Frustra

Lets say I have a really buggered up knee. It plays up with me when I’m walking so, I try to walk less but at the same time, I’m trying to heal the knee.

I might walk less but I love walking and so I’ve got a dilemma haven’t I?

I can give up some of my enjoyment to protect my knee or heal my knee and go walking more.

Obviously in an ideal world I’d have a knee replacement and walk as much as I want but not everything gets solved by having a knee replacement.

Ask those who have one.

The consequences of a knee replacement are significant. Arthritis, hip problems, the other knee, ankle pain, lower back pain and mental depression are counted as some of the potential side effects.

So, at the end of the day, whatever I do to sort that knee out can have consequences. It might impact my bank account, my work, my focus, my diet … it’s not so simple as to just fix the problem. Many things need to change to make the possibility of walking good.

So, lets say I fix my knee and start walking again… woo hoo. The next thing is someone says “would you love to walk on this hill?” and as I take up that challenge my knee starts to ache a bit because, well I want to live life to the fullest and that hill is in Mexico and so, I take it to the next level.

Has the same problem come back? Yes it has. Is the same problem a sign that my fix didn’t work or my fix did work? Yes, the new problem is because I can walk further than before and so the new problem is a sign that I’ve improved. It’s the same pain but a different level of challenge.

Every human being on earth has a button inside. It comes from either too much or too little of something when we were kids. That too much or too little of something comes from parents who had their own fears and so, in a sense, we inherited the fears of our parents.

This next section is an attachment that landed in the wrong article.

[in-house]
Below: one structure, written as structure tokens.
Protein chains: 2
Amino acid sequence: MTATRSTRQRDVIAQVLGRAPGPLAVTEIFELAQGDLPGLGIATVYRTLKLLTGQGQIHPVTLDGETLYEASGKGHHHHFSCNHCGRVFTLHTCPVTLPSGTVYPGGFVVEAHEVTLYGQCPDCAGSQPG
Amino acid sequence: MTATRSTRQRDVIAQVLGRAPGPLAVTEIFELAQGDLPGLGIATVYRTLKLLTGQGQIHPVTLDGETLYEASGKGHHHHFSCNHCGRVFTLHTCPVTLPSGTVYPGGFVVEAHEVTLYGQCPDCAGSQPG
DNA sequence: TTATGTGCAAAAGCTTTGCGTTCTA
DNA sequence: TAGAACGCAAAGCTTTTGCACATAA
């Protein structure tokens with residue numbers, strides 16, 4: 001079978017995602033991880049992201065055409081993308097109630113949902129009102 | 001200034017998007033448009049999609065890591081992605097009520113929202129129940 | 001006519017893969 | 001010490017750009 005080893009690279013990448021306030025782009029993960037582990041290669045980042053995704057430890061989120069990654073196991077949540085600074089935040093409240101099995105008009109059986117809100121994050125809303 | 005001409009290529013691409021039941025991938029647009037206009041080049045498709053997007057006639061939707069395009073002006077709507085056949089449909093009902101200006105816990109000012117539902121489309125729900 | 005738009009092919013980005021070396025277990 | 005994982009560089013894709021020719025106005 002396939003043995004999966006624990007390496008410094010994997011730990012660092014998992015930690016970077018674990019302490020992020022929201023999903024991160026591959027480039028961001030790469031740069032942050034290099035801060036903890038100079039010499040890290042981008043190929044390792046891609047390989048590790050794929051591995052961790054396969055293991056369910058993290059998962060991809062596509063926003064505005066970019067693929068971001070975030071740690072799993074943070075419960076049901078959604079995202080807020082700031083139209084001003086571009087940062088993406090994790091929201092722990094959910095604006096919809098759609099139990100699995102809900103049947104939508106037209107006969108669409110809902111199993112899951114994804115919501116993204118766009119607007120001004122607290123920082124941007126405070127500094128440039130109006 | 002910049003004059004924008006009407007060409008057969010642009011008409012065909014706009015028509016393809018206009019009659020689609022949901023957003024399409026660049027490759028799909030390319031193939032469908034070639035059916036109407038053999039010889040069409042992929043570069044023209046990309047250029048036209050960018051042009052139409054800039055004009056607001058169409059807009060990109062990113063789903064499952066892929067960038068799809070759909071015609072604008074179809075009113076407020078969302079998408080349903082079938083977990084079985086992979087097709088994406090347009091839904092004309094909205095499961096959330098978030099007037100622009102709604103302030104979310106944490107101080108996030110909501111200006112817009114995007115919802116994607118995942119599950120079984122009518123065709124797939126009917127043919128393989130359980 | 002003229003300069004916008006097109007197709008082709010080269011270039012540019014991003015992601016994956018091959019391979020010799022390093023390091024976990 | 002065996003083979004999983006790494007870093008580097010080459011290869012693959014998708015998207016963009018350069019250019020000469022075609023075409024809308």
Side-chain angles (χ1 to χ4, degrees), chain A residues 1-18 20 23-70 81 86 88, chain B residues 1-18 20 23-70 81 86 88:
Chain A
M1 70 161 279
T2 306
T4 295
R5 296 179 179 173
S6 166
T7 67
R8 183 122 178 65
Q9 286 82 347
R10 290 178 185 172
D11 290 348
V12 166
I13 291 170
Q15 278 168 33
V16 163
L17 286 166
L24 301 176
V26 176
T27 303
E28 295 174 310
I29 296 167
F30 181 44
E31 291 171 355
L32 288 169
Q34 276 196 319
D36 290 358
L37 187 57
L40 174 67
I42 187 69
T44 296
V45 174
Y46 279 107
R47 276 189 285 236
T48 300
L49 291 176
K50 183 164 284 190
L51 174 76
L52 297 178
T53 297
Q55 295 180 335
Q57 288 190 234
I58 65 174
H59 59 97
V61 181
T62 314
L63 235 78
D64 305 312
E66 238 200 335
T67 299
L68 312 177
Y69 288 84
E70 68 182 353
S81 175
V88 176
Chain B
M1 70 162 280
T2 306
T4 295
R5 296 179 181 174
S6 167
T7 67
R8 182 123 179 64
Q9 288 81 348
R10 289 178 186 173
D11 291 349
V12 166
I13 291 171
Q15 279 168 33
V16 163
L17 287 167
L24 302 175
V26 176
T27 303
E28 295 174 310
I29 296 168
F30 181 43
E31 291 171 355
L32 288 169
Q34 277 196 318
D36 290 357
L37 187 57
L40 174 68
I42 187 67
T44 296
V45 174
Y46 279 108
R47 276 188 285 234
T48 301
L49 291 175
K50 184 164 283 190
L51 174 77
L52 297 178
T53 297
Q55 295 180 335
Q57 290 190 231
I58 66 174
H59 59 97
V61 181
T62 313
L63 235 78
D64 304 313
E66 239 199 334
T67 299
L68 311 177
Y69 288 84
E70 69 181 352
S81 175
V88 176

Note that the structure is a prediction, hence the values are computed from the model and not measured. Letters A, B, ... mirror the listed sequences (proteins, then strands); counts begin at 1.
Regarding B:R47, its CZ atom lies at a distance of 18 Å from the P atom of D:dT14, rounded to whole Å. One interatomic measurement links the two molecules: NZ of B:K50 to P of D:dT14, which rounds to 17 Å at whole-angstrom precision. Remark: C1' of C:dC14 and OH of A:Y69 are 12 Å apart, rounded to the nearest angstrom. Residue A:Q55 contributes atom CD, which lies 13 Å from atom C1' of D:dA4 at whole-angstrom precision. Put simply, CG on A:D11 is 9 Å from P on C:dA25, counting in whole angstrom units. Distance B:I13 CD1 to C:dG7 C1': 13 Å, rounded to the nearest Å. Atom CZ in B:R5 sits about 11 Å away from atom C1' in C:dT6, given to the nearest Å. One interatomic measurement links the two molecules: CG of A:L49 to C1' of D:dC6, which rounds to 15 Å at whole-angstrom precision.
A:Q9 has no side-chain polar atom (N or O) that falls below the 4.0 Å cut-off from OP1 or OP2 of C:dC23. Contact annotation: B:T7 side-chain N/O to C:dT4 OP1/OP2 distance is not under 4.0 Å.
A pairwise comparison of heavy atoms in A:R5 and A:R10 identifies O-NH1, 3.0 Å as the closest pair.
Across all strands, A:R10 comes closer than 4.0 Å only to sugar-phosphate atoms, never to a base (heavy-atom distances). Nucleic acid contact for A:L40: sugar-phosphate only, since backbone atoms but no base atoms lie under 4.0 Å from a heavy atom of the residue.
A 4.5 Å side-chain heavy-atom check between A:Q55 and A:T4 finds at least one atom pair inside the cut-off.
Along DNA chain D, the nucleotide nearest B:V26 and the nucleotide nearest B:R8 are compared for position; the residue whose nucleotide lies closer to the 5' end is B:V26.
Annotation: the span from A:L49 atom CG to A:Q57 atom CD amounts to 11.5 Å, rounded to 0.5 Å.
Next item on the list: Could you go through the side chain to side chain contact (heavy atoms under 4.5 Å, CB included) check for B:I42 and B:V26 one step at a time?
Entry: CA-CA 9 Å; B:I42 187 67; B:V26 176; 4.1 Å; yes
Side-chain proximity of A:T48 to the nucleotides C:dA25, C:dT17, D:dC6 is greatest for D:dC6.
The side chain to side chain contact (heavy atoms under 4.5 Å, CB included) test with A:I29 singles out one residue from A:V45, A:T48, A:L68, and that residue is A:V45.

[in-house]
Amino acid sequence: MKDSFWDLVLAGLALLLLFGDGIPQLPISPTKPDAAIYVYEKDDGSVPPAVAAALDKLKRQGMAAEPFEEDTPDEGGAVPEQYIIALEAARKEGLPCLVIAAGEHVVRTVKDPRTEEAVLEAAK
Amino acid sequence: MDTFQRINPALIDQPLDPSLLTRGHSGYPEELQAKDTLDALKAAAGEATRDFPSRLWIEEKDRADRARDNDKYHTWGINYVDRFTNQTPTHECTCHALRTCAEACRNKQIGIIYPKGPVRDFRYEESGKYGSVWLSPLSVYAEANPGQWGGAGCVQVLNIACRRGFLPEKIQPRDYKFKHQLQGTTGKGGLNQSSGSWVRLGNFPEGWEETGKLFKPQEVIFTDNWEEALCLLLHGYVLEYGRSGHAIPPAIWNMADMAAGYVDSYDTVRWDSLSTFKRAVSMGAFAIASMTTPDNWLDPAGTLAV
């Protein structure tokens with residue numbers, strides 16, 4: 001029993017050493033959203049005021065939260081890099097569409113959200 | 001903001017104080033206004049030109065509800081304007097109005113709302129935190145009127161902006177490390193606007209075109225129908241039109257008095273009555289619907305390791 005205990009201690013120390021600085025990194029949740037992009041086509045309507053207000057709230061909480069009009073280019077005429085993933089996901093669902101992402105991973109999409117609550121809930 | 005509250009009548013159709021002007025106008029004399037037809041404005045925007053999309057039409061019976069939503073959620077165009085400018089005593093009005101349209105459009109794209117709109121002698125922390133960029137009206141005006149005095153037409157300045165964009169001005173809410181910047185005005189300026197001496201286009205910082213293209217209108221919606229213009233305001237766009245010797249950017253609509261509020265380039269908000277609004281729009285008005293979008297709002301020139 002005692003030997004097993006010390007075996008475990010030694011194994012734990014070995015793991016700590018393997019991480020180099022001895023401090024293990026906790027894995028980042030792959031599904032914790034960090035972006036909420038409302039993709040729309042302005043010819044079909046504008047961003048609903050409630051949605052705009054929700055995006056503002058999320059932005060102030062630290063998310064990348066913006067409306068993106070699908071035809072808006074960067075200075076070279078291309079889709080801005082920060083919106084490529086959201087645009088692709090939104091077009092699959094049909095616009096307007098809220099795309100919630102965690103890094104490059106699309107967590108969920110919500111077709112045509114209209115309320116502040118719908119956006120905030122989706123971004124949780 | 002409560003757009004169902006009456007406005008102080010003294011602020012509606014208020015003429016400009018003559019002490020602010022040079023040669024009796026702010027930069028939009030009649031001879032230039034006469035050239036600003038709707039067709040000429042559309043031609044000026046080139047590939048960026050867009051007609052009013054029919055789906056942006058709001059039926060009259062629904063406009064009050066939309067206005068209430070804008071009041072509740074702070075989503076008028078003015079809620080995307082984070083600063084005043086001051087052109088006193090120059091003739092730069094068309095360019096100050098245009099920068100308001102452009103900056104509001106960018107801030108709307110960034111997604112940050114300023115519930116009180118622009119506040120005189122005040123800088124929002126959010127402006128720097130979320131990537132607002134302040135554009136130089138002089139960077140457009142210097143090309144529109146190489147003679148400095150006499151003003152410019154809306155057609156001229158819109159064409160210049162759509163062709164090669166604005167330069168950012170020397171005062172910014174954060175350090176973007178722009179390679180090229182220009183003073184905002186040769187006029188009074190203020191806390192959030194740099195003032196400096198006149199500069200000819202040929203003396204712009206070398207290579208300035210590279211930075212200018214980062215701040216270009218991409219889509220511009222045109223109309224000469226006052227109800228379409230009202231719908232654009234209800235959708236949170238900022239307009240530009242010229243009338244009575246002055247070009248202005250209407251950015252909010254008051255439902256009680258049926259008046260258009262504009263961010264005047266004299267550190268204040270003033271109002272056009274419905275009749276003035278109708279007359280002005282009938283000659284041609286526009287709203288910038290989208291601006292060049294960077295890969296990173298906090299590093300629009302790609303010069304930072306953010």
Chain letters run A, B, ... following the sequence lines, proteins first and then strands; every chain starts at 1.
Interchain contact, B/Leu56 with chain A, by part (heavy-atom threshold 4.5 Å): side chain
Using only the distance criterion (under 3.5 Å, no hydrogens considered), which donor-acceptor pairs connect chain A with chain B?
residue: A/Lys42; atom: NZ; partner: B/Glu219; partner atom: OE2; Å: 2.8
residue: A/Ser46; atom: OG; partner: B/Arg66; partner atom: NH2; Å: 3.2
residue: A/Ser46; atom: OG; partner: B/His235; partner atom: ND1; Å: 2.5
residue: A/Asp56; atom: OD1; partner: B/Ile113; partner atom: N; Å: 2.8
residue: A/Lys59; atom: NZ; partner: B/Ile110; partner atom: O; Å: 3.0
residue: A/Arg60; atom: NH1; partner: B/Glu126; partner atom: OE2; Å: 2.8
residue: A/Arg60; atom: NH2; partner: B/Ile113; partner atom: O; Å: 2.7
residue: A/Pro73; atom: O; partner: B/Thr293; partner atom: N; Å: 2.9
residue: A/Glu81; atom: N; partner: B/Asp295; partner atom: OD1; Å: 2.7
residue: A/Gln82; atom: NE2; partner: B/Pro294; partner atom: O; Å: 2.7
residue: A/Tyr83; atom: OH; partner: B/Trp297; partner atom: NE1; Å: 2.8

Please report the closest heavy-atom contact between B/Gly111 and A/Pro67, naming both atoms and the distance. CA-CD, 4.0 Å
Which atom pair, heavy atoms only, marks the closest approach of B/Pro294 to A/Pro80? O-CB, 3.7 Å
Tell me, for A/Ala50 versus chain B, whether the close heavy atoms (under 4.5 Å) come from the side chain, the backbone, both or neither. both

If they gave us too much it’s because they feared we’d have too little. And if they gave us too little it was because they feared we’d have too much. It’s a shitty transference. It can be quite smothering and or it can be quite violent. Either way, their fears become our buttons. And our buttons become our reactions. So, in a way, we teach our parents to love what they fear because whatever they do, in excess or deficiency, we do the opposite.

So, lets now talk about you.

We all have buttons. One button in fact. Whenever we walk a longer hill, or rise to a new level of life, the button can be pushed again. This is called frustra. We rise, “the proverbial knee” hurts, and we have to take the next leap of faith to sort that same problem that has surfaced 100 times before, once again.

You’ll always have the same button your whole life. When it gets pushed, you’ll feel like crap. Every time you grow you’ll hit that frustra, the button, and the only things you can change are:

  1. How long you take to get through it
  2. How committed you are to embrace that same “self fear”
  3. How much your behaviour is governed by your parents fears (still)

Imagine a tree. The growth rings are the frustra. If the tree could talk it’d be saying “oh no, not this shit again” as it dumped one layer of bark in preparation for the next. It’s the same old winter, same old bark, same old button, just at a bigger diameter.